October 11, 2023
KUALA LUMPUR – Visibility in the West coast and Southern parts of Peninsular Malaysia remains low due to the poor air quality, says Nik Nazmi Nik Ahmad.
The Natural Resources, Environment and Climate Change Minister said although most parts of the nation were currently experiencing wet weather, changes in wind patterns during the monsoon transition period could result in transboundary haze.
“If the winds blow from the Southwest and Southeast, haze due to fires in the neighbouring country has the potential to cross over to our country.
“Visibility distance at several meteorological stations remained somewhat low over the last few days, particularly in the West and South of Peninsular Malaysia as well as in Western Sarawak.
“The average visibility distance in these areas is between 3km and 10km while visibility in other areas is above 10km,” he said during a ministerial explanation on the current haze situation affecting the nation.
The minister, however, said that cloud seeding would only be considered if the haze situation persisted with the air quality deteriorating to a reading of between 151 and 200 on the Air Pollutant Index (API).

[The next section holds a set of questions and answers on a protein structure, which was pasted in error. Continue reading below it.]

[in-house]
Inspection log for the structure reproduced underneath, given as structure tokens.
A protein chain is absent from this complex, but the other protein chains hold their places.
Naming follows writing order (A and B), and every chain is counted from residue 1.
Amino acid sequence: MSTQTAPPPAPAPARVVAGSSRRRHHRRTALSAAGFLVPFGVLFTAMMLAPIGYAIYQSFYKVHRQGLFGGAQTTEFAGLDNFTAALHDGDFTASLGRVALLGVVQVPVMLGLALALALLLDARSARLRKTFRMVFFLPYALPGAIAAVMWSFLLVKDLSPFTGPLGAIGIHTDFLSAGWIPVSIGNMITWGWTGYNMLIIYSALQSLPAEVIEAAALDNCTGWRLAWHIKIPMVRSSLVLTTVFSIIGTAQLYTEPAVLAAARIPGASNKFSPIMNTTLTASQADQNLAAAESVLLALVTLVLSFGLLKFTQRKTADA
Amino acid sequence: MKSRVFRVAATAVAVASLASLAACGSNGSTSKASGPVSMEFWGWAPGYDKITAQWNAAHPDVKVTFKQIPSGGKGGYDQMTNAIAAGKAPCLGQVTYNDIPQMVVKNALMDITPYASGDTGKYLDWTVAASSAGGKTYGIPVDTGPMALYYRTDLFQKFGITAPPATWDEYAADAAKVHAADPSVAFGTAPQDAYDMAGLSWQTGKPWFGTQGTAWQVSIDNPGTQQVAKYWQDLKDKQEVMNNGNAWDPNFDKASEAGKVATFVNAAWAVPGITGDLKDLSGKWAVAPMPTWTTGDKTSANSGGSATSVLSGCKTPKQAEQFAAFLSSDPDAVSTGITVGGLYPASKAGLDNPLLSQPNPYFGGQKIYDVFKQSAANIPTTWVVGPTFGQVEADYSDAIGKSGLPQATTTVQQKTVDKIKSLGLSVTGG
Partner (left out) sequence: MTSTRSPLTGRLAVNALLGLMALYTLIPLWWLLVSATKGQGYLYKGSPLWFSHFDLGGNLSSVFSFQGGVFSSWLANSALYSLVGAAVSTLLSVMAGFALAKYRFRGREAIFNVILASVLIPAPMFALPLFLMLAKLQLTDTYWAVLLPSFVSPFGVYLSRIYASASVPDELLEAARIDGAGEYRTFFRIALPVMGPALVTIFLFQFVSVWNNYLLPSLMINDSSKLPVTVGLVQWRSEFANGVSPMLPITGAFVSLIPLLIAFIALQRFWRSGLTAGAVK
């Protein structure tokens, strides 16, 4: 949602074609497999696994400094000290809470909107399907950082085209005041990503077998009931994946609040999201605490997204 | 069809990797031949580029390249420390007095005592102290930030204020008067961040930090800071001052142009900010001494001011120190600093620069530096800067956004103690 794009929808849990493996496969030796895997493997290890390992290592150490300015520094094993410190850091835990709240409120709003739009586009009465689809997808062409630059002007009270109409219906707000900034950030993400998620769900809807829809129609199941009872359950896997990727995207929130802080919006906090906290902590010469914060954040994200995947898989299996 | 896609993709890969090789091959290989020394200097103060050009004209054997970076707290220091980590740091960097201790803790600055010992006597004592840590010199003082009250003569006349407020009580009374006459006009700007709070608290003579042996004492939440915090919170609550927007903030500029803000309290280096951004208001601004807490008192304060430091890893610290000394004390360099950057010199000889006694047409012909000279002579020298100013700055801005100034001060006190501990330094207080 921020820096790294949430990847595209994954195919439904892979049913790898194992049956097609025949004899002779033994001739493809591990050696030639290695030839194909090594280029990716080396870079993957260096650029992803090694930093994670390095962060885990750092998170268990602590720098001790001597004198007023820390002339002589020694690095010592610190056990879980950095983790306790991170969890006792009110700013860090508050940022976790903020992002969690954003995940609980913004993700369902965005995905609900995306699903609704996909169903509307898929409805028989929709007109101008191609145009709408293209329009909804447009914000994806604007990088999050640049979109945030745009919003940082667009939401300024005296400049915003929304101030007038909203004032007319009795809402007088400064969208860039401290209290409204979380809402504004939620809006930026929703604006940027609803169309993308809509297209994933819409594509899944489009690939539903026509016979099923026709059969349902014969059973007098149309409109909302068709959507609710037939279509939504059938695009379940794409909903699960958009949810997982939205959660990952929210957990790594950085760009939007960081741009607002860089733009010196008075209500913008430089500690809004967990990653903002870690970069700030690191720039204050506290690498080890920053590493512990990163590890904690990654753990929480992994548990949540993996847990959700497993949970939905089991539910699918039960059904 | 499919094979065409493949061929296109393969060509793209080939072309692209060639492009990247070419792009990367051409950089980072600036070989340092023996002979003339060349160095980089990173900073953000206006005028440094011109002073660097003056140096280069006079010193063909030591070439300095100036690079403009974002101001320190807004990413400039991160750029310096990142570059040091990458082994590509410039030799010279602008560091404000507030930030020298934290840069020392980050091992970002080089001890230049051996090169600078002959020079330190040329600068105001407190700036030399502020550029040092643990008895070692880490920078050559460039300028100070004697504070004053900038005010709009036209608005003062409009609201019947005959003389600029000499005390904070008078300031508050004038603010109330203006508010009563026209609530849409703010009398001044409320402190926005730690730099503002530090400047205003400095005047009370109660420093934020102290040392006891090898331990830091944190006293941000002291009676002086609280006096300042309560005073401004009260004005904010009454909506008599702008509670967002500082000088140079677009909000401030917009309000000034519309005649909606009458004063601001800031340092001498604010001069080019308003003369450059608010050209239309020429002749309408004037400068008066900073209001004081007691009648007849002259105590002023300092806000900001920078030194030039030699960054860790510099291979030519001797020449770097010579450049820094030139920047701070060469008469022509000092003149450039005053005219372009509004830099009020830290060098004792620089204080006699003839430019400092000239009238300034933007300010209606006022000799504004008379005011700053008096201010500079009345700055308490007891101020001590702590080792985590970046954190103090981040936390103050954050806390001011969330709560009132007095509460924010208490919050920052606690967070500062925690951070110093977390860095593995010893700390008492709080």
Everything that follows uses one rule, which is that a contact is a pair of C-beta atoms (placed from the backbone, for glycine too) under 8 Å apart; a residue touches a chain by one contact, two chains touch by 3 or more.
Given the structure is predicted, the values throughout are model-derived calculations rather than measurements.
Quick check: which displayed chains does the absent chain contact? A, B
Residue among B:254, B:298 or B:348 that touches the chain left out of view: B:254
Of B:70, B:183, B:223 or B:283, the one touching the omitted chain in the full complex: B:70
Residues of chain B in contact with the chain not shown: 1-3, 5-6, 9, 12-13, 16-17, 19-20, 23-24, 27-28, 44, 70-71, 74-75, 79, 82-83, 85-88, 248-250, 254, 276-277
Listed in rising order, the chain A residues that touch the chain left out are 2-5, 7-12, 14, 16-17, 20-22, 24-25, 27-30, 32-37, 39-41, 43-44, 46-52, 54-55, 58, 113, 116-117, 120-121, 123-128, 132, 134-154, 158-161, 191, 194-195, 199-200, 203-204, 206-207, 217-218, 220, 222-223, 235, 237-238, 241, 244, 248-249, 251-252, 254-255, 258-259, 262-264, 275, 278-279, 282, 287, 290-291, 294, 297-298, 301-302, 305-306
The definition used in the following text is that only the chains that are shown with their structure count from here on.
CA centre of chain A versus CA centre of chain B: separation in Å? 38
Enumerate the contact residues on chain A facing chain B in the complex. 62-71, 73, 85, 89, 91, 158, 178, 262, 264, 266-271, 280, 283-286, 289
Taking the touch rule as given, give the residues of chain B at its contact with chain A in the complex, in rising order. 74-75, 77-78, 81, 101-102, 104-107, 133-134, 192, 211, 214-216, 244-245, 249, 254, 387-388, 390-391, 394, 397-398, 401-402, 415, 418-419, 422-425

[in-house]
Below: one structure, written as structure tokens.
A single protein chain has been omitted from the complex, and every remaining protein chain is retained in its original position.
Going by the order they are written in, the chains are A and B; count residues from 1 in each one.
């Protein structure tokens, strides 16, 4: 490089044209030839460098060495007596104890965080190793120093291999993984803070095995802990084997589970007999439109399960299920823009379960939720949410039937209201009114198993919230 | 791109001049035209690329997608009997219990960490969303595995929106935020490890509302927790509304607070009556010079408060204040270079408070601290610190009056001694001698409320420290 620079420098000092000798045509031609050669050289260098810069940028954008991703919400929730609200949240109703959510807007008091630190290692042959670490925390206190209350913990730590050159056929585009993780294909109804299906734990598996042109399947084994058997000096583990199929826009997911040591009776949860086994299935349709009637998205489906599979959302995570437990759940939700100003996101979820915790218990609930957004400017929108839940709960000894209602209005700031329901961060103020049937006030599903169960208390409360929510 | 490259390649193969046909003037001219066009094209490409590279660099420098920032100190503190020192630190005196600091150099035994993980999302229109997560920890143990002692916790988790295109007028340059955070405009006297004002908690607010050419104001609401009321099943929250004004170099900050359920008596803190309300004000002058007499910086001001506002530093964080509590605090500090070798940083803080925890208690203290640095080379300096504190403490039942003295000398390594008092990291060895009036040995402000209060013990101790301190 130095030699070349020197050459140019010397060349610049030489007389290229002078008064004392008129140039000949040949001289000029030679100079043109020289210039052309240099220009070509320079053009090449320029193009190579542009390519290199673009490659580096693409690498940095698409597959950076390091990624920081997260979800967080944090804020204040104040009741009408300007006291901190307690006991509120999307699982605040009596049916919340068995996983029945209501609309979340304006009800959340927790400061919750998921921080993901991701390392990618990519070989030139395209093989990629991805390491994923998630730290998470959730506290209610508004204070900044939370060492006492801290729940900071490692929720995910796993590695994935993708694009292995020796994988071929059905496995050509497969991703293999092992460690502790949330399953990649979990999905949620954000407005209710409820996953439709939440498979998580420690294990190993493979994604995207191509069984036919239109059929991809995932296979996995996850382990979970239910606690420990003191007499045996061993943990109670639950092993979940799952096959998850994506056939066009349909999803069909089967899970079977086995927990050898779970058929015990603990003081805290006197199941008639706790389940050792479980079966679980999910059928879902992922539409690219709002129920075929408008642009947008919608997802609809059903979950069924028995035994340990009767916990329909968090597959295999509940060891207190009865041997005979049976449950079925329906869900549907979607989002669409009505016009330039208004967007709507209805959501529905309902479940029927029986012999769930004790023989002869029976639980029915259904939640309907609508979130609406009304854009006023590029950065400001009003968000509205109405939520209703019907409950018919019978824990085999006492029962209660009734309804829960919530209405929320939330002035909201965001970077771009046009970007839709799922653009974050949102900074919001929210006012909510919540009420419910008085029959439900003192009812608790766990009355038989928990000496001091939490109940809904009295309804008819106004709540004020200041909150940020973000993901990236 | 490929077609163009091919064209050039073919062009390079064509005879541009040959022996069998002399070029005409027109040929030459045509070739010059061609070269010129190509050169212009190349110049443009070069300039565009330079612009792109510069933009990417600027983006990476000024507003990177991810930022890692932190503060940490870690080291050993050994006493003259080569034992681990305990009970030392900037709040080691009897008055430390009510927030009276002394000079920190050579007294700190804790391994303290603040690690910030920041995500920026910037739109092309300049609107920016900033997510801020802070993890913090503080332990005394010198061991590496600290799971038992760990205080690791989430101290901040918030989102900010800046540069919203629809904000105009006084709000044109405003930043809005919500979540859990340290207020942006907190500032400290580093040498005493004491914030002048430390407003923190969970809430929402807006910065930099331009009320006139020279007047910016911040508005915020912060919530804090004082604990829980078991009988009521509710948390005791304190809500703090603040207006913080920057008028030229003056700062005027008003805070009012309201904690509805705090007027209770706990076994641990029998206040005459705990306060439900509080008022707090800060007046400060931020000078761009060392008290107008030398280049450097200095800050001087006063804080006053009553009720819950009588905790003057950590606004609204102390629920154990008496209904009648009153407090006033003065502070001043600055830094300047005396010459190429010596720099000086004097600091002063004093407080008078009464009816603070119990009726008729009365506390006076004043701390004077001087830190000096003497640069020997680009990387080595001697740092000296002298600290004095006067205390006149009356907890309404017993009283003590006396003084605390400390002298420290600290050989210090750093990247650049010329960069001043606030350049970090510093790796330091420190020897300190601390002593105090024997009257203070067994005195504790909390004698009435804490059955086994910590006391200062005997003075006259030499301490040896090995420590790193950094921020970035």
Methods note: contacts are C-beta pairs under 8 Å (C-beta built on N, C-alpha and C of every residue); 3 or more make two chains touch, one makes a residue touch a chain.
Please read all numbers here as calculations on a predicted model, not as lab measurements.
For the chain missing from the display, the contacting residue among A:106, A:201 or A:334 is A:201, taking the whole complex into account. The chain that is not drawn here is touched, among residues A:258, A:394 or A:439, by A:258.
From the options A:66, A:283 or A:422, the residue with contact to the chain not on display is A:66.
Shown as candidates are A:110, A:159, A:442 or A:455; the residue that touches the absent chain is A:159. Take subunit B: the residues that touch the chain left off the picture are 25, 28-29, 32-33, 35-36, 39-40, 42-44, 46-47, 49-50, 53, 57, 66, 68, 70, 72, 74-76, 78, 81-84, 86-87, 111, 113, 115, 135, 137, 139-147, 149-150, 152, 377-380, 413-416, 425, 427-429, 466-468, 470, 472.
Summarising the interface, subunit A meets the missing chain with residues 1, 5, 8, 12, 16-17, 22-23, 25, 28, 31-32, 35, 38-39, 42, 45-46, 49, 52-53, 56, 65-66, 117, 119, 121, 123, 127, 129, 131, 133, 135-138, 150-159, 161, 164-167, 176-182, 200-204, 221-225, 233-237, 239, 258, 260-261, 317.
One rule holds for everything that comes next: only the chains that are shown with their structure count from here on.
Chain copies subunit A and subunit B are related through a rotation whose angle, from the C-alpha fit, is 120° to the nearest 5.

This, he said, would be the case if there was no rain for more than seven days in a row, resulting in maximum average temperature rising to between 31°C and 33°C.
Meanwhile, Nik Nazmi said that there was an increase in asthma cases by 2.5 times from Oct 1 to 7 based on data from the Health Ministry from seven out of 15 health facilities located in haze-affected areas.
During the same period, he said that eight out of 11 health facilities saw upper respiratory tract infections increase by two-fold while five out of 11 health facilities saw an increase in cases of conjunctivitis.